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Press Release: The Nobel Prize in Physics 2016

4 October 2016

The Royal Swedish Academy of Sciences has decided to award the Nobel Prize in Physics 2016 with one half to

David J. Thouless
University of Washington, Seattle, WA, USA

and the other half to

F. Duncan M. Haldane
Princeton University, NJ, USA

and

J. Michael Kosterlitz
Brown University, Providence, RI, USA

”for theoretical discoveries of topological phase transitions and topological phases of matter” 

They revealed the secrets of exotic matter

This year’s Laureates opened the door on an unknown world where matter can assume strange states. They have used advanced mathematical methods to study unusual phases, or states, of matter, such as superconductors, superfluids or thin magnetic films. Thanks to their pioneering work, the hunt is now on for new and exotic phases of matter. Many people are hopeful of future applications in both materials science and electronics.

The three Laureates’ use of topological concepts in physics was decisive for their discoveries. Topology is a branch of mathematics that describes properties that only change step-wise. Using topology as a tool, they were able to astound the experts. In the early 1970s, Michael Kosterlitz and David Thouless overturned the then current theory that superconductivity or suprafluidity could not occur in thin layers. They demonstrated that superconductivity could occur at low temperatures and also explained the mechanism, phase transition, that makes superconductivity disappear at higher temperatures.

In the 1980s, Thouless was able to explain a previous experiment with very thin electrically conducting layers in which conductance was precisely measured as integer steps. He showed that these integers were topological in their nature. At around the same time, Duncan Haldane discovered how topological concepts can be used to understand the properties of chains of small magnets found in some materials.

We now know of many topological phases, not only in thin layers and threads, but also in ordinary three-dimensional materials. Over the last decade, this area has boosted frontline research in condensed matter physics, not least because of the hope that topological materials could be used in new generations of electronics and superconductors, or in future quantum computers. Current research is revealing the secrets of matter in the exotic worlds discovered by this year’s Nobel Laureates.

Read more about this year's prize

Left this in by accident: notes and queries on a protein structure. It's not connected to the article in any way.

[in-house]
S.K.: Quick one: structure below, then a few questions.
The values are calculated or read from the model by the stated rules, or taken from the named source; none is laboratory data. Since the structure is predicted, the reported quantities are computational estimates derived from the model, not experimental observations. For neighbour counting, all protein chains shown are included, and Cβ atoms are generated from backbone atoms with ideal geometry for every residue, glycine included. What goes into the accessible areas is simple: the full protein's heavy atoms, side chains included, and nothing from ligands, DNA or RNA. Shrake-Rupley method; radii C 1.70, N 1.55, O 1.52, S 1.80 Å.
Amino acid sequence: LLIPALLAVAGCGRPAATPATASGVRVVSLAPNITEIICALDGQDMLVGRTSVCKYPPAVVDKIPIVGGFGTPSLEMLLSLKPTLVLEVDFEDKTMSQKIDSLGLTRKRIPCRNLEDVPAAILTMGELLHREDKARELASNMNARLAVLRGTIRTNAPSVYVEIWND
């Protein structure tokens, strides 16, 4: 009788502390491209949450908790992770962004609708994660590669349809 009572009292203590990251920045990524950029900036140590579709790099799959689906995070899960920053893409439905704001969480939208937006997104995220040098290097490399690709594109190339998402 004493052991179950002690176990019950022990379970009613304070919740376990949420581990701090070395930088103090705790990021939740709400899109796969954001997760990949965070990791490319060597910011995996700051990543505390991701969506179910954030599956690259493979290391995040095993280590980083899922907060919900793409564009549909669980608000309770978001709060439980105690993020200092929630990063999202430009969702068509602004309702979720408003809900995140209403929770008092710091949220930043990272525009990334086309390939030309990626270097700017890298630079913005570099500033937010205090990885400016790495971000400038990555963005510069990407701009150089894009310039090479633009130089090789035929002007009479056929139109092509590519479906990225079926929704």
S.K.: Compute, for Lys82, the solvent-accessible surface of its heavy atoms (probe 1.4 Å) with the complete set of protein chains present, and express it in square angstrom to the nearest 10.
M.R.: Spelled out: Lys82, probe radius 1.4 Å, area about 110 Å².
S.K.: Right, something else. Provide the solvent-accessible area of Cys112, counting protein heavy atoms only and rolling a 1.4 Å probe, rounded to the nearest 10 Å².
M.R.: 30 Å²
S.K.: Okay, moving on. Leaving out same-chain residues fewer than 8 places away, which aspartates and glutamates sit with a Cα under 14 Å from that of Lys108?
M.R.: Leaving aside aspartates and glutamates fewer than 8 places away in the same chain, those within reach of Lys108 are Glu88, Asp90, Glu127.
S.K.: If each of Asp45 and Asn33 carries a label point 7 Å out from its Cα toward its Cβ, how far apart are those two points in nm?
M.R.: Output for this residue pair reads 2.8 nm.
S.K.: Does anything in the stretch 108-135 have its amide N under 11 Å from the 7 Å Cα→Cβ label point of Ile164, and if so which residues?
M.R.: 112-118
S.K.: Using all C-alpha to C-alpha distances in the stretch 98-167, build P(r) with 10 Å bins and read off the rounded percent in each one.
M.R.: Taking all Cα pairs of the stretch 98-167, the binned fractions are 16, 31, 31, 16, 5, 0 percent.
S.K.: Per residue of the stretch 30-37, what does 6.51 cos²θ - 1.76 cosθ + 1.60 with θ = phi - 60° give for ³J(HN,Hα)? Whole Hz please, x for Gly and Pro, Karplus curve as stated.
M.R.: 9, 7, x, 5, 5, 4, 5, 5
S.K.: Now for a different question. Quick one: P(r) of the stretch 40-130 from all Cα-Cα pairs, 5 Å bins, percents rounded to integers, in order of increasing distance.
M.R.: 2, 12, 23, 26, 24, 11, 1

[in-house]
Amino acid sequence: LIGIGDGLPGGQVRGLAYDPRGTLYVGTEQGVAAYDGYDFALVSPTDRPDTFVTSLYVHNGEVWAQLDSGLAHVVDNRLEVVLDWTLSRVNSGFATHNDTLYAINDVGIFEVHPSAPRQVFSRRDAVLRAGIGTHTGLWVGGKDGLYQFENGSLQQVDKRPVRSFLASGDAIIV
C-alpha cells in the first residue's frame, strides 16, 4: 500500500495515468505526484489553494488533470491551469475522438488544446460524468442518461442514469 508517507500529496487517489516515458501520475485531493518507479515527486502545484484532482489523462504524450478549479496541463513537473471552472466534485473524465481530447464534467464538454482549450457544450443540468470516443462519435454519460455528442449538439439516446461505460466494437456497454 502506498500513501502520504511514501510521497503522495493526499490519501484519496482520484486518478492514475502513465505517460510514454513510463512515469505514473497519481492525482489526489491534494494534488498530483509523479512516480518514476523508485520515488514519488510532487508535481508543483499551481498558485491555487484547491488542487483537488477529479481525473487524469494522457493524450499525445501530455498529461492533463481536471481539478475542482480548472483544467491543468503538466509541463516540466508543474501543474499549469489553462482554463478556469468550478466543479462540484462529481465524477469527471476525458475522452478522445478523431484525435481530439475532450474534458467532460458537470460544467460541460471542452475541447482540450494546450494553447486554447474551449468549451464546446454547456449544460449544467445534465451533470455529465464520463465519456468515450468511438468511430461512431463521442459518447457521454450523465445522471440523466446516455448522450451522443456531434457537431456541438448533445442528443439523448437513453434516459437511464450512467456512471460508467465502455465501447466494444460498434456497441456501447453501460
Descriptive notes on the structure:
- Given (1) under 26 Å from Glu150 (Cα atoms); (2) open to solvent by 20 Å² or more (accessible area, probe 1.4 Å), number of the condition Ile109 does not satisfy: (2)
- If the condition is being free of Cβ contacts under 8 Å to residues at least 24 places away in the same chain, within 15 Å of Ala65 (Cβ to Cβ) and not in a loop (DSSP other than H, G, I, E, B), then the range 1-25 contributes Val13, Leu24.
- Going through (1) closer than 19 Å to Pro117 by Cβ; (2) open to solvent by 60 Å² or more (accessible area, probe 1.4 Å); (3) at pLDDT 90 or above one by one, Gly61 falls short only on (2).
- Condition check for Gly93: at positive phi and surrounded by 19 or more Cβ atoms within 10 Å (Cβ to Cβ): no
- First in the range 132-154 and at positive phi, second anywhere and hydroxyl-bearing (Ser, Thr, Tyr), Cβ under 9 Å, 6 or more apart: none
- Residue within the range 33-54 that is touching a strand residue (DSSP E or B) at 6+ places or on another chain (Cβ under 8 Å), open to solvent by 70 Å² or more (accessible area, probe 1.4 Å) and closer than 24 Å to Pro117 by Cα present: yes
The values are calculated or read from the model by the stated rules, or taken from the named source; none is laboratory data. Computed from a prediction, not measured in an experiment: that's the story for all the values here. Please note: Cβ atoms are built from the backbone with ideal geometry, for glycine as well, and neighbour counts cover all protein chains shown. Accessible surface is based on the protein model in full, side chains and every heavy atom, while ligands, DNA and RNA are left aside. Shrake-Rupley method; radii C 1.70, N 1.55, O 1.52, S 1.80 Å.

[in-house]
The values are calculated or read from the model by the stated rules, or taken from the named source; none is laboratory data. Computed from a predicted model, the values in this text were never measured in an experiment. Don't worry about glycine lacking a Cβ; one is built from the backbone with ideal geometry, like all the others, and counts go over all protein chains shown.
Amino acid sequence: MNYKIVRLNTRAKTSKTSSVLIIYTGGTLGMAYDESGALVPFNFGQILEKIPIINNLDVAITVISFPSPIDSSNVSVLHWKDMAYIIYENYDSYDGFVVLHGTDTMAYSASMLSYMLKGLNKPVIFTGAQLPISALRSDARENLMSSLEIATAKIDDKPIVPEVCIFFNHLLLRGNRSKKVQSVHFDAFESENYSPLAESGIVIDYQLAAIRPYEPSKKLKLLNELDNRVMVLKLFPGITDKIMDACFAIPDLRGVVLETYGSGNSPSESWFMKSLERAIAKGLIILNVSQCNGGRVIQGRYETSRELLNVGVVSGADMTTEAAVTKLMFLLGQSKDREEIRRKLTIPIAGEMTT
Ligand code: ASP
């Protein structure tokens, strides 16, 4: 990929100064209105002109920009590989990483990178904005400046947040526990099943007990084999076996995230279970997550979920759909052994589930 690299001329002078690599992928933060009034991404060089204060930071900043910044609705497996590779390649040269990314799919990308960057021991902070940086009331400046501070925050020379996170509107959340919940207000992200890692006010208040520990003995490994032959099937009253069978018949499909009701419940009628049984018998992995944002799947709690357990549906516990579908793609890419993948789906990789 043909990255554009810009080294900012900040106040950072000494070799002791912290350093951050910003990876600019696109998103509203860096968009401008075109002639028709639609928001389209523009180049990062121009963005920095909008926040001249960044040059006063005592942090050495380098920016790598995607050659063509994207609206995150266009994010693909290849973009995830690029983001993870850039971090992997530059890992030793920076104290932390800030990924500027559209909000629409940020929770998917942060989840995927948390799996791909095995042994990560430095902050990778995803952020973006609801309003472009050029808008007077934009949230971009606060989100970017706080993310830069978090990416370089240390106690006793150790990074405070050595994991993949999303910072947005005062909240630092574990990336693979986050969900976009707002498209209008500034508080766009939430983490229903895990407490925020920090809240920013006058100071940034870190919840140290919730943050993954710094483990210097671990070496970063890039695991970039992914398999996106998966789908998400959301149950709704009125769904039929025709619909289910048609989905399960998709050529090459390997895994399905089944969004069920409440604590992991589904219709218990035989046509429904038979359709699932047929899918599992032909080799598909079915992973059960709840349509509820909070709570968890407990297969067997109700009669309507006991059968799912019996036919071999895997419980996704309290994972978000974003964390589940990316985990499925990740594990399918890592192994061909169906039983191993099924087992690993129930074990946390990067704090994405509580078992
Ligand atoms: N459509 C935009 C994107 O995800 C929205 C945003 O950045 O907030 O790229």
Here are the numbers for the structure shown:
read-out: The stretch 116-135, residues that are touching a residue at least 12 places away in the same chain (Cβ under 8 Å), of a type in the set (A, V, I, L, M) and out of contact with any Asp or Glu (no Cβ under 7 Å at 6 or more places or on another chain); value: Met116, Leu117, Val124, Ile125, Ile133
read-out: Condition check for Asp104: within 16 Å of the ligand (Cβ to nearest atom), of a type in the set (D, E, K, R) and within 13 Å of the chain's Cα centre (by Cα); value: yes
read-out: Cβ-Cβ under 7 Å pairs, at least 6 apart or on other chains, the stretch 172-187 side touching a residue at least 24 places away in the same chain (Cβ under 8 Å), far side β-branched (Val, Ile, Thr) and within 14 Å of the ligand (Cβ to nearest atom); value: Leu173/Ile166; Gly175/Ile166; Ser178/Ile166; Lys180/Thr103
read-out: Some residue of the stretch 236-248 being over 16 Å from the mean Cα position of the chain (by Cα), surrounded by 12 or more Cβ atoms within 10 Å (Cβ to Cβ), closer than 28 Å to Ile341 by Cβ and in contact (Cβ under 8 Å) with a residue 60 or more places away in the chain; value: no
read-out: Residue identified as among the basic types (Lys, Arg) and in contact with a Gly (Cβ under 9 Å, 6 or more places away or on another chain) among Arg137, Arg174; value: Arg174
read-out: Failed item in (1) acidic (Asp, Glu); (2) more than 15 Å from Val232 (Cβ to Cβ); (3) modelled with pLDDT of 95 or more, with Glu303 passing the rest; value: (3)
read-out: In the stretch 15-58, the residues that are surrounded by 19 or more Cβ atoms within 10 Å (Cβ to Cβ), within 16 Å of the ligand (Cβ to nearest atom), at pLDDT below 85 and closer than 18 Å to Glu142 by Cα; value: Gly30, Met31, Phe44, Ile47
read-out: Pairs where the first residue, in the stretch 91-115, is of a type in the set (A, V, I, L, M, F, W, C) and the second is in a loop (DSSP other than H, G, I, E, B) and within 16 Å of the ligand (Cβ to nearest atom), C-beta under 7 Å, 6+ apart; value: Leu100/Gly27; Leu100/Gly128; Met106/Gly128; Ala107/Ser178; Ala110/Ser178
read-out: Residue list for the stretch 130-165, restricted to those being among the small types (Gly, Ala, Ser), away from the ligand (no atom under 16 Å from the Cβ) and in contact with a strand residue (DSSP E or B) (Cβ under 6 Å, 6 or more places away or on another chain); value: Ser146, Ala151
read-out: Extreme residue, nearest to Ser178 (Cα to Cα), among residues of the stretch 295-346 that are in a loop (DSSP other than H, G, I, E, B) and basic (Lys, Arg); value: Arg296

Popular Science Background
Pdf 424 kB

Scientific Background
Pdf 800 kB

 

To read the text you need Acrobat Reader.

 

Image - Phases of matter (pdf 900 kB)

Image - Phase transition (pdf 622 kB)

Image - Topology (pdf 417 kB)

 

David J. Thouless, born 1934 in Bearsden, UK. Ph.D. 1958 from Cornell University, Ithaca, NY, USA. Emeritus Professor at the University of Washington, Seattle, WA, USA.
https://sharepoint.washington.edu/phys/people/Pages/view-person.aspx?pid=85 

F. Duncan M. Haldane, born 1951 in London, UK. Ph.D. 1978 from Cambridge University, UK. Eugene Higgins Professor of Physics at Princeton University, NJ, USA.
www.princeton.edu/physics/people/display_person.xml?netid=haldane&display=faculty

J. Michael Kosterlitz, born 1942 in Aberdeen, UK. Ph.D. 1969 from Oxford University, UK. Harrison E. Farnsworth Professor of Physics at Brown University, Providence, RI, USA. 
https://vivo.brown.edu/display/jkosterl 

Prize amount: 8 million Swedish krona, with one half to David Thouless and the other half to be shared between Duncan Haldane and Michael Kosterlitz.
Further information: http://kva.se and http://nobelprize.org
Press contact: Jessica Balksjö Nannini, Press Officer, phone +46 8 673 95 44+46 70 673 96 50, jessica.balksjo@kva.se
Experts: Thors Hans Hansson, phone +46 8 553 787 37, hansson@fysik.su.se, and David Haviland, haviland@kth.se, members of the Nobel Committee for Physics.


 

The Royal Swedish Academy of Sciences, founded in 1739, is an independent organisation whose overall objective is to promote the sciences and strengthen their influence in society. The Academy takes special responsibility for the natural sciences and mathematics, but endeavours to promote the exchange of ideas between various disciplines.

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